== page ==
PRIMS Full-text transcription (HTML)

THE IVST MANS IVSTIFICATION OR A Letter by way of Plea in Barre;Written by L. Col. JOHN LILBURNE, to the Honourable Juſtice Reeves, one of the Juſtices of the Common-wealths Courts, commonly called Common Pleas.

Wherein the ſiniſter and indirect practices of Col. Edward King againſt L. Col. Lilburne, are diſcovered.

1. In getting him caſt into priſon for many weekes together, without pro­ſecuting any charge againſt him.

2. In arreſting him upon a groundleſſe action of two thouſands pound in the Court of Common Pleas; thereby to evade and take off L. Col. Lilburns teſtimony to the charge of high Treaſon given in against Col. King, and now depending before the Honourable Houſe of Commons.

In which Letter is fully aſſerted and proved that this cauſe is only tryable in Parliament, and not in any ſubordinate Court of Juſtice whatſoever.

Levit. 19.15. Yee ſhall do no unrighteouſneſſe in Iudgement, thou ſhalt not reſpest the perſon of the poore, nor honour the perſon of the mighty: but in righteouſneſſe ſhalt thou judge thy neighbour.

HAving lately taken upon my ſelf that boldneſſe to ſpeak with you, as you are one of the publique Judges of the Kingdome, about an honeſt poor man that was unjuſtly and without any legall authority caſt into priſon, and finding a very courteous, faire and rationall carriage from your Ho­nour towards me at that time, imboldeneth me the more at this time (being extraordinarily neceſſitated thereunto) to write a Letter to you in my own be­halfe. I being upon the fourteenth of April laſt arreſted at Weſtminſter, upon an acti­on of Treſpaſſe, by the Bayliffes thereof, at the ſuit of an unjuſt and troubleſome man, commonly called Colonell Edward King; and the Bayliffes pretended it was for ſo many thouſand pounds (although I am confident that I never was ſix pence in his debt in my life) that they muſt have extraordinary Baile for my appearance.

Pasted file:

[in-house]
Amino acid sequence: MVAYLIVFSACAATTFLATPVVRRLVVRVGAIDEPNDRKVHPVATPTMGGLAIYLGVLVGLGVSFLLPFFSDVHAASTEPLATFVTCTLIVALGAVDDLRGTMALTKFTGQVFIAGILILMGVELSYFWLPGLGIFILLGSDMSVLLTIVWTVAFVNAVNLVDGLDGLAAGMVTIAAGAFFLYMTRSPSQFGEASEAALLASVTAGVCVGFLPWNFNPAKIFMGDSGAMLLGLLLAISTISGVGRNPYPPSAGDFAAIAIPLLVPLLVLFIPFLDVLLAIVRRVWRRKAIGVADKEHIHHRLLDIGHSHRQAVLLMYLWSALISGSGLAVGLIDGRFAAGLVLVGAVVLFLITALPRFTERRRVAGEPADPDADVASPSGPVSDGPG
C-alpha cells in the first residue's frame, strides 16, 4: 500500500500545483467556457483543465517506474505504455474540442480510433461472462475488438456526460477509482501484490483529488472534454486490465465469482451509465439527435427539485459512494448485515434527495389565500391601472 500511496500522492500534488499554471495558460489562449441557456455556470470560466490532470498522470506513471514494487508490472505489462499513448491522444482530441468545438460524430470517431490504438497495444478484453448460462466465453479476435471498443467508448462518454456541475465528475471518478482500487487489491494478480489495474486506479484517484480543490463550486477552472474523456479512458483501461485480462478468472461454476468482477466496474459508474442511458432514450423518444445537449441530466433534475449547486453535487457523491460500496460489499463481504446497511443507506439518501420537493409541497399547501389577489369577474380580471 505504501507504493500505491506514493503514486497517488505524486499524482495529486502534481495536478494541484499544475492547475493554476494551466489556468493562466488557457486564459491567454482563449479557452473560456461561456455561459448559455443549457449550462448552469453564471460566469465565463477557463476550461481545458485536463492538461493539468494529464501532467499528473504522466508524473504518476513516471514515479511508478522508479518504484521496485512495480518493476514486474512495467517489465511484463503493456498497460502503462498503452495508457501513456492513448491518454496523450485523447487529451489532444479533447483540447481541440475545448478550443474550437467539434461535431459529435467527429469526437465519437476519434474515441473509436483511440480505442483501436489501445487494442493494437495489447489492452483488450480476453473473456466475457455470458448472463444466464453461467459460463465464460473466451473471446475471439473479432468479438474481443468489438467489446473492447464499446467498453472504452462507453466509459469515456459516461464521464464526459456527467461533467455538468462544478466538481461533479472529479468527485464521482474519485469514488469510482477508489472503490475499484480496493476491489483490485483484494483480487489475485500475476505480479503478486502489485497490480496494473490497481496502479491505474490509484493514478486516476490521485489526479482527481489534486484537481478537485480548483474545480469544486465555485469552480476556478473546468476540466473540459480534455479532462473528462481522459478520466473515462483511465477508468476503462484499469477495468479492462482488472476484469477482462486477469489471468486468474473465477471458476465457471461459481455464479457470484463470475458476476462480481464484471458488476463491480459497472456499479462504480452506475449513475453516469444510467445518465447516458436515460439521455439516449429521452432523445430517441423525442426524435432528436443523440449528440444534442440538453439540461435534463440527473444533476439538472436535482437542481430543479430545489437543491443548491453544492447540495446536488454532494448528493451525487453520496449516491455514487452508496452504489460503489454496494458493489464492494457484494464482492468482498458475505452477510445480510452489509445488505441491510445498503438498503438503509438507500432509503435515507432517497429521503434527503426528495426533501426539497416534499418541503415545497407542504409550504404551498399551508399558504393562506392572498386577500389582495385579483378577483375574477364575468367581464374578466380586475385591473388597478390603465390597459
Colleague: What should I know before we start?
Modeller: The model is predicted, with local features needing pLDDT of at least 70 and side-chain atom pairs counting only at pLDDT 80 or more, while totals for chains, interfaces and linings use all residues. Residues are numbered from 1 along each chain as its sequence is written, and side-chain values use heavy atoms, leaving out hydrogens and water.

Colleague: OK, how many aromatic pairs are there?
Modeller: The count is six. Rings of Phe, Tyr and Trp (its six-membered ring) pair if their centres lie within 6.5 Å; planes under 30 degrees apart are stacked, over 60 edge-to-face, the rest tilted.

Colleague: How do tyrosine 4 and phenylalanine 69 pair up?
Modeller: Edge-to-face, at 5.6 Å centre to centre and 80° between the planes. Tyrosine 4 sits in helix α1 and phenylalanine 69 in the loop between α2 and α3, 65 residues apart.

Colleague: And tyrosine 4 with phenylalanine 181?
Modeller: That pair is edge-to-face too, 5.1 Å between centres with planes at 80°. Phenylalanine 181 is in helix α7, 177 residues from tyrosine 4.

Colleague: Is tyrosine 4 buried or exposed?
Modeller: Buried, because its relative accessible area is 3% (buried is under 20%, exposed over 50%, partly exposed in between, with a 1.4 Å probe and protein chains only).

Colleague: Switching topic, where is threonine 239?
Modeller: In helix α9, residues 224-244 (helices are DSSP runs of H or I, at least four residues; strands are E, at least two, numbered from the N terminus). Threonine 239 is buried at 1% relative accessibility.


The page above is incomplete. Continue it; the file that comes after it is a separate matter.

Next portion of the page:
So that I was forced to give them two houſe-keepers in Weſtminſter, and one ſtran­ger, or elſe in their mercileſſe hands I muſt remaine, although I was very hard follow­ing of my buſineſſe to perfection with the Parliament, which hath ſtucke there almoſt ſix yeares, to my extraordinary coſt, charge, and loſſe of time, and although I am con­fident that it is as juſt a cauſe as any is in the world, and hath ſo been adjudged by both Houſes of Parliament, as in this incloſed printed relation you may reade.

2I muſt ingenuouſly confeſſe that it did ſomewhat trouble me to be arreſted in that manner, having never before in my life bin areſted to my remembrance, and I was the more troubled in regard that my Ordnance for my reparation, which laſtly paſſed in the Lords Houſe, was depending in the Houſe of Commons, I was affraid that it might there ſtick, if I were diverted from following it, and I did not know but this areſt might do it.